BEIJING, April 27 (Xinhua) -- Profits of China's major industrial firms maintained steady growth but at a slower pace of 11.6 percent in the first quarter of 2018, data showed Friday.
The growth was smaller compared with a 16.1-percent increase registered for January-February period.
In March alone, combined profits at industrial companies each with annual revenue of more than 20 million yuan (about 3.2 million U.S. dollars) amounted to 589.75 billion yuan, up 3.1 percent from one year earlier, according to the National Bureau of Statistics (NBS).
NBS statistician He Ping attributed the slower profit growth in March to the lagging effect of the Spring Festival holiday and slower growth in prices of industrial products.
Among the 41 industries surveyed, 25 posted year-on-year profit growth during the first quarter.
Manufacturing, which accounted for 83.9 percent of the total industrial profits, saw its combined industrial profits expand 8.2 percent. The mining industry rose 36.1 percent, while those of power generation, heating, fuel gas and water supply companies rose 30.4 percent.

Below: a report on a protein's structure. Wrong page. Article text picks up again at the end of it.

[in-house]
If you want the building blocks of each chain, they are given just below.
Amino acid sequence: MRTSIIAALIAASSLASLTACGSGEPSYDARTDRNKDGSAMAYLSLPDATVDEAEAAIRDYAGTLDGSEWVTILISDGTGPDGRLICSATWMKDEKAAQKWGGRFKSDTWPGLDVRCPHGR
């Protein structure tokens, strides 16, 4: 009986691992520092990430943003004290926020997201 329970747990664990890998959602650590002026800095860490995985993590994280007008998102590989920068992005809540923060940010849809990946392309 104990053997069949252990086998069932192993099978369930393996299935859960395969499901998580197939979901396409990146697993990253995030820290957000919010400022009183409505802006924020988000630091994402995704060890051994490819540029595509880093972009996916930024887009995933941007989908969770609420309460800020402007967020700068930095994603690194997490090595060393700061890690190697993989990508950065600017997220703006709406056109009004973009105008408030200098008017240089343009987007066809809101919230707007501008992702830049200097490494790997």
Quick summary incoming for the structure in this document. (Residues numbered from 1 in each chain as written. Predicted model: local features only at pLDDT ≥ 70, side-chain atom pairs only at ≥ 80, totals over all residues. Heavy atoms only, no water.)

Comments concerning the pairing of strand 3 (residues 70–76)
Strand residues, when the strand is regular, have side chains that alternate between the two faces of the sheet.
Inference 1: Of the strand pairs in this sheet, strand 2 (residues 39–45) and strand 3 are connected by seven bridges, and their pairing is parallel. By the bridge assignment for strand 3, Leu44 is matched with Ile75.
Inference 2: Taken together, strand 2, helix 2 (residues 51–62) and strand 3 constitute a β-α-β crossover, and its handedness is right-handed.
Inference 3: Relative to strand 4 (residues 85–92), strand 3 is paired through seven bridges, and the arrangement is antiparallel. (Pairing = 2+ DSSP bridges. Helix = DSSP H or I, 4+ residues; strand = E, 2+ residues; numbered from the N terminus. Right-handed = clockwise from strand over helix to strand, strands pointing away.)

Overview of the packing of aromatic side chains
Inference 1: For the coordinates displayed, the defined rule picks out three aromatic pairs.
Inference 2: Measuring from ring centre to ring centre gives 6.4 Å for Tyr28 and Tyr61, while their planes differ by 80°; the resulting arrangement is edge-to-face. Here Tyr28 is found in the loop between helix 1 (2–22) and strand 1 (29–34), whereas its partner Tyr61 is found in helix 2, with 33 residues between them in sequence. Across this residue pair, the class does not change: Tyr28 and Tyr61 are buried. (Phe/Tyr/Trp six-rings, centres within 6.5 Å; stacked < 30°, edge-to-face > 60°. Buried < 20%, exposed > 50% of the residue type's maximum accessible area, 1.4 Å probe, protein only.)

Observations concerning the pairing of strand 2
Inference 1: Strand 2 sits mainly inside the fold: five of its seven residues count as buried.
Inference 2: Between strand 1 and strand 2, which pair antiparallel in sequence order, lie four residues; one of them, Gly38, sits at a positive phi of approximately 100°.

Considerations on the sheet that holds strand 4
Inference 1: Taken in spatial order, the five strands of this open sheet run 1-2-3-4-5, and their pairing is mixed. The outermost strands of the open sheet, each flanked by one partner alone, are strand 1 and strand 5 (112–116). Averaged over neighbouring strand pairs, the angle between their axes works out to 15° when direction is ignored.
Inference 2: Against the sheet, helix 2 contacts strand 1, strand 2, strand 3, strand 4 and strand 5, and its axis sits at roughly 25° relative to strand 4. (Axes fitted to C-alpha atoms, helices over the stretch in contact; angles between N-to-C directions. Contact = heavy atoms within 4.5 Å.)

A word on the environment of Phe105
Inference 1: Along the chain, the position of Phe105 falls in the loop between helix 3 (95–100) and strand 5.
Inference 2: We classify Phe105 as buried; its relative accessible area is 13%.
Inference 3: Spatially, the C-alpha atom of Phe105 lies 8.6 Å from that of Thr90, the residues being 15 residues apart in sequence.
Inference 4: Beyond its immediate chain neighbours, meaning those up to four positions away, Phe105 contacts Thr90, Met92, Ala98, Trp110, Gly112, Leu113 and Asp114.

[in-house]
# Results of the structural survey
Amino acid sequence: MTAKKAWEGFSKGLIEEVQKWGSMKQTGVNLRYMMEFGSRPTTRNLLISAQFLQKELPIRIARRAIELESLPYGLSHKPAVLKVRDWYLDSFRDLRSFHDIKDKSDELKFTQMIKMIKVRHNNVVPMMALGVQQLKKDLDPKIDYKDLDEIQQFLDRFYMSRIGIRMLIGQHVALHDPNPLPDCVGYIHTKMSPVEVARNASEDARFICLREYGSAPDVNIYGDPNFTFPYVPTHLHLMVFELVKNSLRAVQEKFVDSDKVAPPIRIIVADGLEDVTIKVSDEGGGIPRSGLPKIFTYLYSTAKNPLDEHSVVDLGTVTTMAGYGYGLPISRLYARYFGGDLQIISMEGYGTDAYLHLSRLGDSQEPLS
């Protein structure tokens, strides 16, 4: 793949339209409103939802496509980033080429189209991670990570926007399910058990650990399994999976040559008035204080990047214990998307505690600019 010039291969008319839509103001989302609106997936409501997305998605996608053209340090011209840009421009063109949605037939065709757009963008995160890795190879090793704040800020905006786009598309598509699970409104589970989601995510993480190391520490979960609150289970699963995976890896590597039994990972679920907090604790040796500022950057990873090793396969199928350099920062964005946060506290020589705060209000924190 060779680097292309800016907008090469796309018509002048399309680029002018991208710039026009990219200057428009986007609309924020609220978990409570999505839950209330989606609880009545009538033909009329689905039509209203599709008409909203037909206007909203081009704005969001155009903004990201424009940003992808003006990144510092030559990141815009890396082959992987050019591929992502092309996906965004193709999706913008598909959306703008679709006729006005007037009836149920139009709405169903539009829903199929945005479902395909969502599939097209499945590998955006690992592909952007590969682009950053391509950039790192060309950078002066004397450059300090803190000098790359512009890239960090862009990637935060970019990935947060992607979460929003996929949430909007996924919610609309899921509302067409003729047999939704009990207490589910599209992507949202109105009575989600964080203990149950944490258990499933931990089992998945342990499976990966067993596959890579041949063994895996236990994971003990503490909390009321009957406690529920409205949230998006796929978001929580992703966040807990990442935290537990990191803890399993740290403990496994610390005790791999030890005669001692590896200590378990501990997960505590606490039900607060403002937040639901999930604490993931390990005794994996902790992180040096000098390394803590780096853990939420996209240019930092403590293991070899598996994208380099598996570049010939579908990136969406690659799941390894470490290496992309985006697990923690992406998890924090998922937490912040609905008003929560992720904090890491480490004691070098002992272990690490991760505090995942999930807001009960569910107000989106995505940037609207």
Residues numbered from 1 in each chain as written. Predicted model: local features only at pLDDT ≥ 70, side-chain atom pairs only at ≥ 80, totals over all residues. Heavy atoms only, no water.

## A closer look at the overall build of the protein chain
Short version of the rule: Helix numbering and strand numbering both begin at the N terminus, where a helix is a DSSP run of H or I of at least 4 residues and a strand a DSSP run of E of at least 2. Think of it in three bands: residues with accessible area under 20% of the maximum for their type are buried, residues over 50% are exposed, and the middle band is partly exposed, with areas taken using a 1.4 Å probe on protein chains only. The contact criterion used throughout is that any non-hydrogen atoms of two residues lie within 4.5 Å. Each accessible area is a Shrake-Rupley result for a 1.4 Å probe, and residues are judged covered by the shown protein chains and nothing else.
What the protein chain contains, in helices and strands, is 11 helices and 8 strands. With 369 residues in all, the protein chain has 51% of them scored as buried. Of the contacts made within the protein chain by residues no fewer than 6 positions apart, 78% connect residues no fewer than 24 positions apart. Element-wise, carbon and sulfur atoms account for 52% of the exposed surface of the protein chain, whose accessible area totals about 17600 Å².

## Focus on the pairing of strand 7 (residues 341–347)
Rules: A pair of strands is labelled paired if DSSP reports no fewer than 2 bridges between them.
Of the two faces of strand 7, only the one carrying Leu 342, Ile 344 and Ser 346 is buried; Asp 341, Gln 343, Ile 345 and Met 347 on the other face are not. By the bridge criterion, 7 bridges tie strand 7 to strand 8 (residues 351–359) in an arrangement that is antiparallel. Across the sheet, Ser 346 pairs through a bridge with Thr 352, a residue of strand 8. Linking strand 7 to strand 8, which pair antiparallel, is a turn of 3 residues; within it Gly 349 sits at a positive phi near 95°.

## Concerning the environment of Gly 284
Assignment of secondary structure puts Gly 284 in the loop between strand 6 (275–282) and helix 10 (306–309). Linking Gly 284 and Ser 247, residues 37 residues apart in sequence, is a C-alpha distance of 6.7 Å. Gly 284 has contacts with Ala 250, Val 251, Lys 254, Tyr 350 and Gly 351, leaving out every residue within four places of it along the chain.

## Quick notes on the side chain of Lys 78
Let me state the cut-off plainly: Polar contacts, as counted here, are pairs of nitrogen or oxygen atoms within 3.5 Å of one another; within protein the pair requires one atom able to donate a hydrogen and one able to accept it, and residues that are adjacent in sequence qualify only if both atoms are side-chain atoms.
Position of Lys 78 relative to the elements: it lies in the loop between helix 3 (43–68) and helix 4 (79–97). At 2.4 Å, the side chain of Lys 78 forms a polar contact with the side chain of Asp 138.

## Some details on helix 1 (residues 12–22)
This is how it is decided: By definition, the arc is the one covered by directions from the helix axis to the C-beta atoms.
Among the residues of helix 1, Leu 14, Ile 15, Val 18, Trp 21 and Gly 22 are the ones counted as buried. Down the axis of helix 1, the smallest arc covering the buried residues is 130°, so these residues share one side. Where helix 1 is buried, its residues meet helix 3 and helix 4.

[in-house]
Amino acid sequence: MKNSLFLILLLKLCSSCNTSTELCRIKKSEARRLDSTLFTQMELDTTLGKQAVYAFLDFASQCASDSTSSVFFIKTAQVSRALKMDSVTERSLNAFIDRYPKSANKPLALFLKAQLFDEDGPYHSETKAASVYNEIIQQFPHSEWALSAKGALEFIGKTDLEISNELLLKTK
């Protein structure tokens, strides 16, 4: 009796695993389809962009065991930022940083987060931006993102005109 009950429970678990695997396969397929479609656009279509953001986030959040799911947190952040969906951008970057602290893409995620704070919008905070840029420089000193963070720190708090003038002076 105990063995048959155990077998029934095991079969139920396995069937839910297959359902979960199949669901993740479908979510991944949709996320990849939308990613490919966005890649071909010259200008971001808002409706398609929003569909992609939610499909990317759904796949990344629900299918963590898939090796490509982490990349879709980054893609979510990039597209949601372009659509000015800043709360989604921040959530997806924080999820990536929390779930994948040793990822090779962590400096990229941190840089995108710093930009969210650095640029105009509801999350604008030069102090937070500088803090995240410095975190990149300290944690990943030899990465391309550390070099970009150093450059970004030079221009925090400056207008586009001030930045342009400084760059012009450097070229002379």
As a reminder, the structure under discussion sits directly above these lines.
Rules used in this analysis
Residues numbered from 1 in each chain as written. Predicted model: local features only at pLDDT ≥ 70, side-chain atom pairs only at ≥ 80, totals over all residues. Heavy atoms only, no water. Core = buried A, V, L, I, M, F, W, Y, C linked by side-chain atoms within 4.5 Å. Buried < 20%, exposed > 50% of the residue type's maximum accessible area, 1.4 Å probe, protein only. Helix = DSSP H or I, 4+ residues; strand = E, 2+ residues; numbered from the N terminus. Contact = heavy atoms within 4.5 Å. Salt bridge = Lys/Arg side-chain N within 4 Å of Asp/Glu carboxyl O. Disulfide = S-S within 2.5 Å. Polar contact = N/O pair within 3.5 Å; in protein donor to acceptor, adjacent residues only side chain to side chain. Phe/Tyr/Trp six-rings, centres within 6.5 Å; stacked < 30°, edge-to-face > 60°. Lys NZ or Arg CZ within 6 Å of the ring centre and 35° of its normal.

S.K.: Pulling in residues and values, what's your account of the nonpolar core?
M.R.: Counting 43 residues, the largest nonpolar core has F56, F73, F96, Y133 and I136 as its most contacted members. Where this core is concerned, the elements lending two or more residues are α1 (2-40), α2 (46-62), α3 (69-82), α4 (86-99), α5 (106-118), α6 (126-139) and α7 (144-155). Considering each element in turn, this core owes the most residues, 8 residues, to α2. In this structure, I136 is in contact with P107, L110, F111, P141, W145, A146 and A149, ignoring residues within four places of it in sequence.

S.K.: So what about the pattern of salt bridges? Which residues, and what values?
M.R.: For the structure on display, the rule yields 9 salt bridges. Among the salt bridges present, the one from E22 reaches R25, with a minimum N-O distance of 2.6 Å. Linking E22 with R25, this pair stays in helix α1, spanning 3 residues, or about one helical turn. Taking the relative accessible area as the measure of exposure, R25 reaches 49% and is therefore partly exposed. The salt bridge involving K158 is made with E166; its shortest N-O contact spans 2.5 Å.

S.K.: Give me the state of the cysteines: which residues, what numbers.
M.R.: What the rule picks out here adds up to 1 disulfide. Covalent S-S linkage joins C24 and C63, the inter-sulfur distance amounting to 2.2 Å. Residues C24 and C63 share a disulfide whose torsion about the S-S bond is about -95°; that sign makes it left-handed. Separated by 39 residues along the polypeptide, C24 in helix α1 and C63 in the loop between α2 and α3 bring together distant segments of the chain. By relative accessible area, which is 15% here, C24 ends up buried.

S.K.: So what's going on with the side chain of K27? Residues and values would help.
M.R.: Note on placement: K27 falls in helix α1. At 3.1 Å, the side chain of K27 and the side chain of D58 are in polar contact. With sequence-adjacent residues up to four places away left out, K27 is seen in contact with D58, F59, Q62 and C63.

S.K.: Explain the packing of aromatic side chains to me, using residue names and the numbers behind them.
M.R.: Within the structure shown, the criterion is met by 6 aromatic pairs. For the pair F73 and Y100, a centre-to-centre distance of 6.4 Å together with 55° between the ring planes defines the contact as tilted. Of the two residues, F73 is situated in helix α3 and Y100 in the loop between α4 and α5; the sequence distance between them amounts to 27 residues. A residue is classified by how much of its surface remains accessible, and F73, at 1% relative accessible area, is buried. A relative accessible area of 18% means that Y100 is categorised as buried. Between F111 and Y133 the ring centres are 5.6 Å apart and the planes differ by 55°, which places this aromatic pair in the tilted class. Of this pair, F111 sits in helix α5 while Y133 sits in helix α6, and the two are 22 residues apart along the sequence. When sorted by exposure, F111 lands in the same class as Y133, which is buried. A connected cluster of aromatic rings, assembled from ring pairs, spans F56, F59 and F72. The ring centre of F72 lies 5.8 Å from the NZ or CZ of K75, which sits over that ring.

He Ping said Friday's data revealed improving profitability at industrial enterprises, and the stable and sound growth momentum in the sector would remain unchanged.
Zhu Jianfang, chief economist with Citic Securities, estimated the industrial profits would increase 10-12 percent this year from 2017, while value-added industrial output would expand 6-7 percent.
Industrial output expanded 6 percent year-on-year last month, with the growth easing from 7.2 percent for January-February period.
CICC economist Liu Liu expected the industrial output growth to pick up to 6.5 percent in April, citing rising daily coal consumption by major power generation firms this month.
By the end of March, total assets of the industrial firms reached 106.7 trillion yuan, up 7.1 percent from one year earlier, while their liabilities climbed 5.8 percent to 60.2 trillion yuan.
He said the deleveraging had continued apace in the sector. The companies' debt-to-asset ratio dipped 0.8 percentage point from one year earlier to 56.4 percent by the end of March, while that of state-owned enterprises stood at 59.5 percent, down from 61 percent by the end of March 2017.